Marilyn Monroe’s Blancpain cocktail watch
Marilyn Monroe’s Blancpain cocktail watch © Atom Moore

A platinum and diamond Blancpain cocktail watch originally owned by Marilyn Monroe fetched $225,000, double its estimate, when it was sold by Los Angeles auction house Juliens. It was part of a three-day auction of Monroe memorabilia in November, the largest sale of its type ever held. The watch, which was bought back by Blancpain for its archive collection, was sold by the estate of the Hollywood acting coach Lee Strasberg to whom Monroe bequeathed many of her belongings. It was one of only a few pieces of jewellery that the star of Some Like It Hot owned.

Bremont bins Basel

British watch brand Bremont has opted out of this year’s Baselworld watch show in favour of staging a standalone event for international retailers, press and VIP customers in the UK. Giles English, who co-founded the firm with his brother Nick in 2002, believes there will be more value in bringing guests from around the world to visit its manufacturing facility in Henley-on-Thames and its Mayfair boutique than in continuing at Baselworld. “Our hand was slightly forced in as much the Palace [Baselworld’s satellite exhibition space] is being closed and we didn’t know where we would be relocated,” says Mr English. “But we also want to get people on our home turf so they can enjoy a more interactive experience.” Bremont has rented a five-storey town house in Fitzroy Square where it will display new products, conduct retailer training sessions and stage events with its “adventurer” ambassadors. The townhouse will be open February 27-March 3.


Following several months without a permanent head of its Hong Kong watch department, Sotheby’s has appointed Jessie Kang to the role. Ms Kang comes from a retail background, having worked in the watch business for 16 years with brands such as Raymond Weil, TAG Heuer, Chronoswiss and IWC in greater China and across the Asia-Pacific region. With the addition of specialists Cherie Wong and Vicki Leung, Sotheby’s Asian watch team is said once more to be at full strength and will hold its first sale of 2017 in April.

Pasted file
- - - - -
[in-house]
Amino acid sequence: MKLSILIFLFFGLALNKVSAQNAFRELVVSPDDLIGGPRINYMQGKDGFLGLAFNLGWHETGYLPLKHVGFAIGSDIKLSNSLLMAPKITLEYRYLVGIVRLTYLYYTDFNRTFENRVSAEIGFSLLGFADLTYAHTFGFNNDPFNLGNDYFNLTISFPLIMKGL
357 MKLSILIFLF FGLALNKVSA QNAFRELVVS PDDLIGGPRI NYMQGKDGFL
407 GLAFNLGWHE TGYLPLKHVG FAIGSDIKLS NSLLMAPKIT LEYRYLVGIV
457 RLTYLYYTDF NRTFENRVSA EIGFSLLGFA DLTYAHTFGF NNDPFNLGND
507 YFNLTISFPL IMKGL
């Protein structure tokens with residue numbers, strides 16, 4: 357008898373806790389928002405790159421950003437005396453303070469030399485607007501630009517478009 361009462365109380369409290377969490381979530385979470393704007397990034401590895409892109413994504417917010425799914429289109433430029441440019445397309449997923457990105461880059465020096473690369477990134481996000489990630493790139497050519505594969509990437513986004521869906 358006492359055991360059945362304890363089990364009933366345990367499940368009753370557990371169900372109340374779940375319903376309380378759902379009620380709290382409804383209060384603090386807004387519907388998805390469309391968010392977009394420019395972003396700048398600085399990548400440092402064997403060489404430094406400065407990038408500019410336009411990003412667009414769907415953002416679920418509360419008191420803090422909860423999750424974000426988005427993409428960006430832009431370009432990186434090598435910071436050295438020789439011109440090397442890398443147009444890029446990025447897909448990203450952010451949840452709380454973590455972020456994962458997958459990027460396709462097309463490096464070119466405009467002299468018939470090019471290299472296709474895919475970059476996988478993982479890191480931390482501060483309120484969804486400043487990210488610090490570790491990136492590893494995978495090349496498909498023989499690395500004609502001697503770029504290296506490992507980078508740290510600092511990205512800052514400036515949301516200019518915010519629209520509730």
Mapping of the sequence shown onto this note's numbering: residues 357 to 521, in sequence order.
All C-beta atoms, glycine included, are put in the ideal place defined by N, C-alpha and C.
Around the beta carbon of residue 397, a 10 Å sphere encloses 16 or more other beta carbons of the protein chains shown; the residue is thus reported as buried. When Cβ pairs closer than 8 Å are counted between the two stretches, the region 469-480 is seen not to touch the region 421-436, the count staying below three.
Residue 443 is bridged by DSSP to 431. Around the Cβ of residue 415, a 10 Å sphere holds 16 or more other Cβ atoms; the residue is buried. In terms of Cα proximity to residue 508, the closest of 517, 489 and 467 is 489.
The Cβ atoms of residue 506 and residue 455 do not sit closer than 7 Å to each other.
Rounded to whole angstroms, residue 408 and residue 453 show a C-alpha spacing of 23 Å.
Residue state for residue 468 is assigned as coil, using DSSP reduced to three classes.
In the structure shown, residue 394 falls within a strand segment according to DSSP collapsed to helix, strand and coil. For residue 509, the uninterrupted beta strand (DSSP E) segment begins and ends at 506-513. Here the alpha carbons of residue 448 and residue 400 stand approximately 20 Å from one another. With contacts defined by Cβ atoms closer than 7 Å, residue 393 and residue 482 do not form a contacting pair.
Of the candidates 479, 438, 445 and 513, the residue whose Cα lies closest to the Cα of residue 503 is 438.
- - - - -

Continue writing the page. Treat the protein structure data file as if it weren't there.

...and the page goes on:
Dirty Dozen

Private jet sales executive Don Cochrane is preparing to relaunch the historic British watchmaker Vertex, which was set up in 1916 by Claude Lyons, his great-grandfather. Vertex was one of 12 firms known collectively as “the Dirty Dozen” which supplied timepieces to the military during the second world war. It became one of Europe’s leading manufacturers before closing in the 1970s. The £2,500 watch is based on a typical wartime design but, in an unusual take on marketing, Mr Cochrane initially plans to offer 60 selected people the chance to buy a Vertex, each of whom may then introduce five other customers. “It’s my attempt at building an anti-commercial watch brand,” says Mr Cochrane.

Trump (not that one)

UK watch auctioneer Fellows has formed a partnership with London-based Winning Moves to create a horology-themed edition of the popular Top Trumps card game. The pack features 30 different watches made by brands ranging from Audemars Piguet to Zenith. Each is graded in categories such as auction price, jewel count, case size and “icon status”.